If you bleed the purple and gold blood of a real Los Angeles Lakers fan, you don’t need me to tell you how good Rajon Rondo was during the team’s run to the 2020 NBA championship. The veteran transformed into the urban legend only known as Playoff Rondo during the postseason, posting numbers that were literally history-making while playing an integral role in the team’s 17th championship. He was so good that some bloggers were forced to issue formal apologies for their previous takes about him.
Rondo would only be a one-title wonder with the Lakers, as he left the Atlanta Hawks during free agency in the offseason. And before he got to play his old team for the first time since his departure, Frank Vogel — the Lakers head coach and a man who could only describe Rondo’s impact using the word “swag” repeatedly — admitted that the team is sad that Rondo is no longer around.
“Obviously he was so vital to our championship run last year. He really orchestrated the game on both sides of the ball, his ability to switch from man to zone (defense), and we like to joke that sometimes he had our guys in ‘mone’ defense where a couple guys were in man, a couple guys were in zone, and nobody really knew what we were putting in, but the offense didn’t either, so it worked for us,” Vogel said with a laugh.
“I shot him a text today that we got our man defense ready for him to try and slow him down, and we’ll be ready for a classic Rondo night. He’s gonna be really orchestrating the game on both sides of the ball,” Vogel continued. “We really miss him around here. He was a big part of what we did last year, a big part of our culture and he’s definitely missed.”
The respect between the two was clearly mutual, with Rondo taking Vogel aside to thank the coach for always believing in him — even when basically no one in the media or fanbase did — after the Lakers won the title. And that admiration was on display on Monday with the Lakers’ actions in the game against the Hawks.
Recently, LeBron James got a ton of attention for his ability to call out opponents’ plays before they even happen, but Rondo might be just as good at doing so. Because of that — and because Rondo knows the Lakers’ system well — the team put in a few wrinkles to their playbook just to trick him.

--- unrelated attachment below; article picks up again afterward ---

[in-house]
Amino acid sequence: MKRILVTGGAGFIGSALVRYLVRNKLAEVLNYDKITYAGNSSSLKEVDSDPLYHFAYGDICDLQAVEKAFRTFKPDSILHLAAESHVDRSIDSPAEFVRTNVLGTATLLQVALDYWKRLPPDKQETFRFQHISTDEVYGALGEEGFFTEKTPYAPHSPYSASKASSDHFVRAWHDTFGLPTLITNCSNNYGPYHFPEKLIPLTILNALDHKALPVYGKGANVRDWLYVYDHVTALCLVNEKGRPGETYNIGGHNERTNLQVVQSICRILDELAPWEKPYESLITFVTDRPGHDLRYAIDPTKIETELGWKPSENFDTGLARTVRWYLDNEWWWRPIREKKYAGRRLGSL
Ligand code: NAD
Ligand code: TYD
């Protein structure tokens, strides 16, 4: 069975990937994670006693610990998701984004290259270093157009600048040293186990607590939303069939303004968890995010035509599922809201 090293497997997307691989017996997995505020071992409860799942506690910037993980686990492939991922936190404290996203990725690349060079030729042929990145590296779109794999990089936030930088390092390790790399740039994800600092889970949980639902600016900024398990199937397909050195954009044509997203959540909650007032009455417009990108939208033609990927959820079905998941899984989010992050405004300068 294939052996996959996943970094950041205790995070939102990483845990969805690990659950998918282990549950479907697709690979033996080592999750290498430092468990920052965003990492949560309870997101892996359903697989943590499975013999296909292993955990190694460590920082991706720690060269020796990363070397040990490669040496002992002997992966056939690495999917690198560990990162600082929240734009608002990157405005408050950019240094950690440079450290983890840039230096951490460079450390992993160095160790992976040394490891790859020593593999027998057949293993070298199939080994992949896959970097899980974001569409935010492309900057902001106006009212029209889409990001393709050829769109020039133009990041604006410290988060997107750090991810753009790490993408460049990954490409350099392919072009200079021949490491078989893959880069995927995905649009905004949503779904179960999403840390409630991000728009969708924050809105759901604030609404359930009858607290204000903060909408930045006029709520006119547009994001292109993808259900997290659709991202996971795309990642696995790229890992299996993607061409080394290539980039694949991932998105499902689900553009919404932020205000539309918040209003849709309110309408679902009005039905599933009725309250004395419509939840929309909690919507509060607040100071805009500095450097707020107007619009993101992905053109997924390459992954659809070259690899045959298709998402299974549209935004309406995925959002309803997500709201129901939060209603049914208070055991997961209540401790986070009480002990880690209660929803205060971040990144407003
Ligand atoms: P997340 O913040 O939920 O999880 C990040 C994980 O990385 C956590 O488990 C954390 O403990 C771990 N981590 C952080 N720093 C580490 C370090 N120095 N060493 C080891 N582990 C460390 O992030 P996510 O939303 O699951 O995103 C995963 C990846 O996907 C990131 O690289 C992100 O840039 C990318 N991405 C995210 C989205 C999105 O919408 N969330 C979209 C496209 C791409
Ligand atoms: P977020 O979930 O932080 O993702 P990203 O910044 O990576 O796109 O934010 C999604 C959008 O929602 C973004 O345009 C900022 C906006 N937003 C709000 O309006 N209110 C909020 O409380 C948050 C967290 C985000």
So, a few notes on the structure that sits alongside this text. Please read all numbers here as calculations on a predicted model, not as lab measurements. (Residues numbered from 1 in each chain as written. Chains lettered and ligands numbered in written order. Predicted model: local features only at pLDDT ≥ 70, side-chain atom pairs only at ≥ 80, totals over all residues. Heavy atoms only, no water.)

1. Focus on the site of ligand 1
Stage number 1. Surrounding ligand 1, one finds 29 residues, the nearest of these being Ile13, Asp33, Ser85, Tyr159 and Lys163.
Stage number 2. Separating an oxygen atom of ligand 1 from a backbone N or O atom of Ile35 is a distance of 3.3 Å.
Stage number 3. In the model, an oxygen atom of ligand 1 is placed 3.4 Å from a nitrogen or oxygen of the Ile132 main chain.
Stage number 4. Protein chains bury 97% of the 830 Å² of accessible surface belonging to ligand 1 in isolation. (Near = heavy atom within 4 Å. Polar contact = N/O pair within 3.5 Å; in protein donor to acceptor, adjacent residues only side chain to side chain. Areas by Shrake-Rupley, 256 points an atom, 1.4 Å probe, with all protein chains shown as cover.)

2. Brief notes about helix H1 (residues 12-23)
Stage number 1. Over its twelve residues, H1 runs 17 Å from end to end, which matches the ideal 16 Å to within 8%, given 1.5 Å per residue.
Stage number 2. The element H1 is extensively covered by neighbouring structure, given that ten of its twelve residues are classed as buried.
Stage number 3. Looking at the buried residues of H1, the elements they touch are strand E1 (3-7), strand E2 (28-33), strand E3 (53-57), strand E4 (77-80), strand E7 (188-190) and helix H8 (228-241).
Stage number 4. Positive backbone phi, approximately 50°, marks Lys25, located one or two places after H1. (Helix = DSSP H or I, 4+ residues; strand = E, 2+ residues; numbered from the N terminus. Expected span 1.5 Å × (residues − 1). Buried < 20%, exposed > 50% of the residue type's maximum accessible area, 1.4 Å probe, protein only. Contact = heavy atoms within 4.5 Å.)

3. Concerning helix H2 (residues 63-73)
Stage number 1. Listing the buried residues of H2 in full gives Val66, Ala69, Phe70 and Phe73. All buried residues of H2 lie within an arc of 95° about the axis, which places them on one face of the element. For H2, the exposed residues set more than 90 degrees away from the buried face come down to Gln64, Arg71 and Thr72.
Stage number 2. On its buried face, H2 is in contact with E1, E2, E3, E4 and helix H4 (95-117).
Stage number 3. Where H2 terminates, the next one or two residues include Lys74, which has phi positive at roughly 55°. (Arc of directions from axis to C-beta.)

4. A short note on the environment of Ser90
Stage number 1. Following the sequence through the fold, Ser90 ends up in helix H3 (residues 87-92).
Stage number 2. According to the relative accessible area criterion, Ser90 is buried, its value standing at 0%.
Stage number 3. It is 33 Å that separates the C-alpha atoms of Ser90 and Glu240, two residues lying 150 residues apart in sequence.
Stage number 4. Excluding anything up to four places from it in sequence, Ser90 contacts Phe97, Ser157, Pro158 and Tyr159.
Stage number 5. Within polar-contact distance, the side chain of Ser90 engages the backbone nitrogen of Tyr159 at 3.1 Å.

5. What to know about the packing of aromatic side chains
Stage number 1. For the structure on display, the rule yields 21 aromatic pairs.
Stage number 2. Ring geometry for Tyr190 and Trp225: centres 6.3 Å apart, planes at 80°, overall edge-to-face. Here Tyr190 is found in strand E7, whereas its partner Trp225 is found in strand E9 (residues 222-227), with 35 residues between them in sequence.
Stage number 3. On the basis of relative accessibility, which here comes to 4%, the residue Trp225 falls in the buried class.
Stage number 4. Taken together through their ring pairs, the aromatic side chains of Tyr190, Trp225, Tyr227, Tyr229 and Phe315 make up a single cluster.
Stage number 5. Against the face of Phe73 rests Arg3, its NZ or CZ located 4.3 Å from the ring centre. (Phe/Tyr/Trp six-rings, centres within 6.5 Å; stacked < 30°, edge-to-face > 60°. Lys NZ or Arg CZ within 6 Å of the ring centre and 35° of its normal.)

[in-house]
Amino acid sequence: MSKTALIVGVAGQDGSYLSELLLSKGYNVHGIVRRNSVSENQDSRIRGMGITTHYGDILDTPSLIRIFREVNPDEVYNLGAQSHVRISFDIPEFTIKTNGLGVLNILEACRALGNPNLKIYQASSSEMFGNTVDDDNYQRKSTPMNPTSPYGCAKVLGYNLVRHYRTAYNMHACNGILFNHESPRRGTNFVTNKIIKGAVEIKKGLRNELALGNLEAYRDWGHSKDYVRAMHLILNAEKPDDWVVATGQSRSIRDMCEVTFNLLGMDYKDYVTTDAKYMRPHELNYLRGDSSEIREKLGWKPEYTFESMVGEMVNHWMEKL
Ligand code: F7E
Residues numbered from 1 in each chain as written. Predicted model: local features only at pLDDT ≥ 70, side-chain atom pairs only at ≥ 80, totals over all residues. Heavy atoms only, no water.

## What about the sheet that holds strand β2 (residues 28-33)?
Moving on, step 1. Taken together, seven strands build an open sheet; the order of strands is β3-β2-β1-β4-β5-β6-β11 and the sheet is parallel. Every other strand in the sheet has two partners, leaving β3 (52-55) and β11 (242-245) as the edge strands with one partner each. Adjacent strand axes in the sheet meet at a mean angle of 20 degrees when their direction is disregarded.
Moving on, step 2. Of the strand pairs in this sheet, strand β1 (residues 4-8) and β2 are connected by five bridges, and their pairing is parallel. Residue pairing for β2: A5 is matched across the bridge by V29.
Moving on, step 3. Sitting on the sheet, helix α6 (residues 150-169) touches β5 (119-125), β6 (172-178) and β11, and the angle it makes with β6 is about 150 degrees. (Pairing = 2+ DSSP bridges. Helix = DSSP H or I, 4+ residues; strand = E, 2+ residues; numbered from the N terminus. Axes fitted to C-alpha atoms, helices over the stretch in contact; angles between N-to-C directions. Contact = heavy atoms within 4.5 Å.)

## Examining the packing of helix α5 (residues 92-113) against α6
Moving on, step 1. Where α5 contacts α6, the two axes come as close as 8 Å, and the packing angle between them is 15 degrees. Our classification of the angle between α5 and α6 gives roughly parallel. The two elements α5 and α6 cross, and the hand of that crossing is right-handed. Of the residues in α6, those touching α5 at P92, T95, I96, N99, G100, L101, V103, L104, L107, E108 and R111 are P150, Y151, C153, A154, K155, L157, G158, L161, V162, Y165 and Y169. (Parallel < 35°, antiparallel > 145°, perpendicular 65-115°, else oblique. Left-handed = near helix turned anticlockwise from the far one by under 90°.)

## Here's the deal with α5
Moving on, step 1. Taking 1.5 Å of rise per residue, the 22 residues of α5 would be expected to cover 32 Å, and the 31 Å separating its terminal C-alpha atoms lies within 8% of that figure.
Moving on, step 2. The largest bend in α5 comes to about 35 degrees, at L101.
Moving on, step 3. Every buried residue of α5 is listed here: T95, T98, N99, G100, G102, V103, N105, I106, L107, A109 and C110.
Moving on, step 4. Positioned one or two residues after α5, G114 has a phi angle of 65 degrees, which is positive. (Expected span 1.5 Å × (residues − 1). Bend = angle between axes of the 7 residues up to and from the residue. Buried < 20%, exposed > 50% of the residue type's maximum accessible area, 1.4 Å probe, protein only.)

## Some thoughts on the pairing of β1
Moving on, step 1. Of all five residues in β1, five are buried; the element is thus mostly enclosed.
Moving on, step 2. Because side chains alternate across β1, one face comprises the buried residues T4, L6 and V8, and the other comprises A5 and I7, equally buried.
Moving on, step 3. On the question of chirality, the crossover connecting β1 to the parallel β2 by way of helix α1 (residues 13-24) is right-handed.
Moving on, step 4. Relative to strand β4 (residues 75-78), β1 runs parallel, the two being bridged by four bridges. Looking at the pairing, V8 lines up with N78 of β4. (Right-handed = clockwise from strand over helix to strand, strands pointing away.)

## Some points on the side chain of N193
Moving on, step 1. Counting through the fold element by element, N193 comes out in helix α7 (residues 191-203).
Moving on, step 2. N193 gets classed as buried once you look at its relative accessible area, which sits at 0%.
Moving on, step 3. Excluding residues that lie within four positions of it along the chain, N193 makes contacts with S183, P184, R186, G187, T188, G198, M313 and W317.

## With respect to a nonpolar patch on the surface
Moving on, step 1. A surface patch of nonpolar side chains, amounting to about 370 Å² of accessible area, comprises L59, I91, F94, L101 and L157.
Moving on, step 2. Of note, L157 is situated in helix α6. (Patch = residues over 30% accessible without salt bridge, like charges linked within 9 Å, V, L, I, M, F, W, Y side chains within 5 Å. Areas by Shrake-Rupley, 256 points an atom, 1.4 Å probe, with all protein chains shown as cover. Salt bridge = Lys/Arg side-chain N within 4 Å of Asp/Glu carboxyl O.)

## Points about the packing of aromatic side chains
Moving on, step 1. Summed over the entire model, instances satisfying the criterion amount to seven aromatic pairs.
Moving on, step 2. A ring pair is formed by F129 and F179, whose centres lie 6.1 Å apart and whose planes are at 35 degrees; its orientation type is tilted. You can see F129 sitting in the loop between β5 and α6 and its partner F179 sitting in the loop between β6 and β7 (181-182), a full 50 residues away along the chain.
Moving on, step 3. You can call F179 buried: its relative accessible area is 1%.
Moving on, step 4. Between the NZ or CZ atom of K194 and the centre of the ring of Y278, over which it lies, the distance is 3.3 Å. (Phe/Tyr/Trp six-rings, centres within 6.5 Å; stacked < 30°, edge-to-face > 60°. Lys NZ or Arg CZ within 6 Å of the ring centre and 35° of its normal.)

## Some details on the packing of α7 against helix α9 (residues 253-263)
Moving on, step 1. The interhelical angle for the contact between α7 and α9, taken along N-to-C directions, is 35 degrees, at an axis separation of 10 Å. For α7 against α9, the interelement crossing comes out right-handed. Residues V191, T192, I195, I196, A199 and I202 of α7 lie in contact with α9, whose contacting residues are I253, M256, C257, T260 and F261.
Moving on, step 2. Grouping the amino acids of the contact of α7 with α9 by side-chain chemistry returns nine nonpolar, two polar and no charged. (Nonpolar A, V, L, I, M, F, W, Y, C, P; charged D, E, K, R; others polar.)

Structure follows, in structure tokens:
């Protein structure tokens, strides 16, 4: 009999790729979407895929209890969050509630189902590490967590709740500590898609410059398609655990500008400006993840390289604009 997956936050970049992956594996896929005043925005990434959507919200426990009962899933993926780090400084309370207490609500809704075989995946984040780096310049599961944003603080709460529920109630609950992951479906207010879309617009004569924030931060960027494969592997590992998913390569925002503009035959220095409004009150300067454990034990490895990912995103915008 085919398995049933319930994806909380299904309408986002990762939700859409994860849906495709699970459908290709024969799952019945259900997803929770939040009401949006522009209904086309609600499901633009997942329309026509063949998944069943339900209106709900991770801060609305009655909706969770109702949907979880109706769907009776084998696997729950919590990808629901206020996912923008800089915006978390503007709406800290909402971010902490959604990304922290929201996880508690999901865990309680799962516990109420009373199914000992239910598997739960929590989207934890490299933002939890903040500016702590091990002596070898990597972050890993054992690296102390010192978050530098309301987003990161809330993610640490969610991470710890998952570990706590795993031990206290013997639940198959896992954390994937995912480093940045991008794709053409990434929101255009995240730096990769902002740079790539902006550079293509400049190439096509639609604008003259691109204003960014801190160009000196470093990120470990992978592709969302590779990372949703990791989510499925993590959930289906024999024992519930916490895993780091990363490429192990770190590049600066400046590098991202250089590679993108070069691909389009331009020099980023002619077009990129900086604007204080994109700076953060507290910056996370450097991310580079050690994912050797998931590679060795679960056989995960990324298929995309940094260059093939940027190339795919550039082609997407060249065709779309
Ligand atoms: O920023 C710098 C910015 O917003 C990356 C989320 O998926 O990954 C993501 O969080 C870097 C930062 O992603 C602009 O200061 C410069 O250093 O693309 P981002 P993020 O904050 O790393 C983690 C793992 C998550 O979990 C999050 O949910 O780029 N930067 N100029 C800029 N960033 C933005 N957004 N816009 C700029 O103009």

“We just called a play after a timeout, an ATO play, and ‘Do was here last year, so he knows our plays and knows our system and everything like that, and he’s very good at scouting other teams plays and players,” said Anthony Davis after the Lakers’ 107-99 victory over the Hawks. “So we ran the play, and put him in some action and we ended up getting a foul out of it.”
The sequence working meant Davis couldn’t resist channeling his inner Courtside Karen and trolling Rondo from the bench to let him know about their deception.
“I was yelling to him and told him ‘you haven’t seen that one. That’s something new. You haven’t seen that one,’” Davis said with a chuckle. “He started laughing, we were laughing, so that was a cool moment.”
Vogel was just happy he was able to sneak something by one of the smartest players in NBA history.
“Everything we do is to try to trick Rondo. We know how smart he is,” Vogel said, smiling after the win. “We had to add some deception to our game because he knows all of our packages. So we had a few extra tricks in there for him.”
Rondo’s prodigious and potentially unparalleled basketball brain have led many to assume he’ll go into coaching whenever his career is done (he’s currently 34 and in the first year of a two-year deal worth $15 million with the Hawks). Rondo has said in the past that he’d prefer to go into a front office but is open to coaching, and Davis thinks that whatever his beloved teammate with the Pelicans and Lakers does when he hangs it up, he’ll be great at it.
“He’s a coach on the floor. Even when he’s not playing, he’s coaching. Last year in practice he was coaching, during the game and on the floor he was coaching. He’s always learning, he’s watching film, so I can definitely see him being a head coach. I think that’s what he wants to do, he wants to coach,” Davis said. “He’ll make one hell of a coach. He knows the game really well, his IQ is unbelievable, very high. And he gets along with a lot of players. He knows how to talk to players, and he knows who can be more aggressive with, who he has to kind of just take it easy on.
“I think he’s going to be a great coach in this league if that’s what he ends up going with.”
And the Lakers will continue to miss the skills and personality that would allow Rondo to do so. So while his absence is likely not some fatal flaw in the team, Rondo’s contributions are still worth remembering after the night he reunited with his fellow defending champs for one evening only. But given how much the Lakers’ fanbase loves this team, it’s a safe bet that the legend of Playoff Rondo will never be forgotten, even if he’s not around to add to it.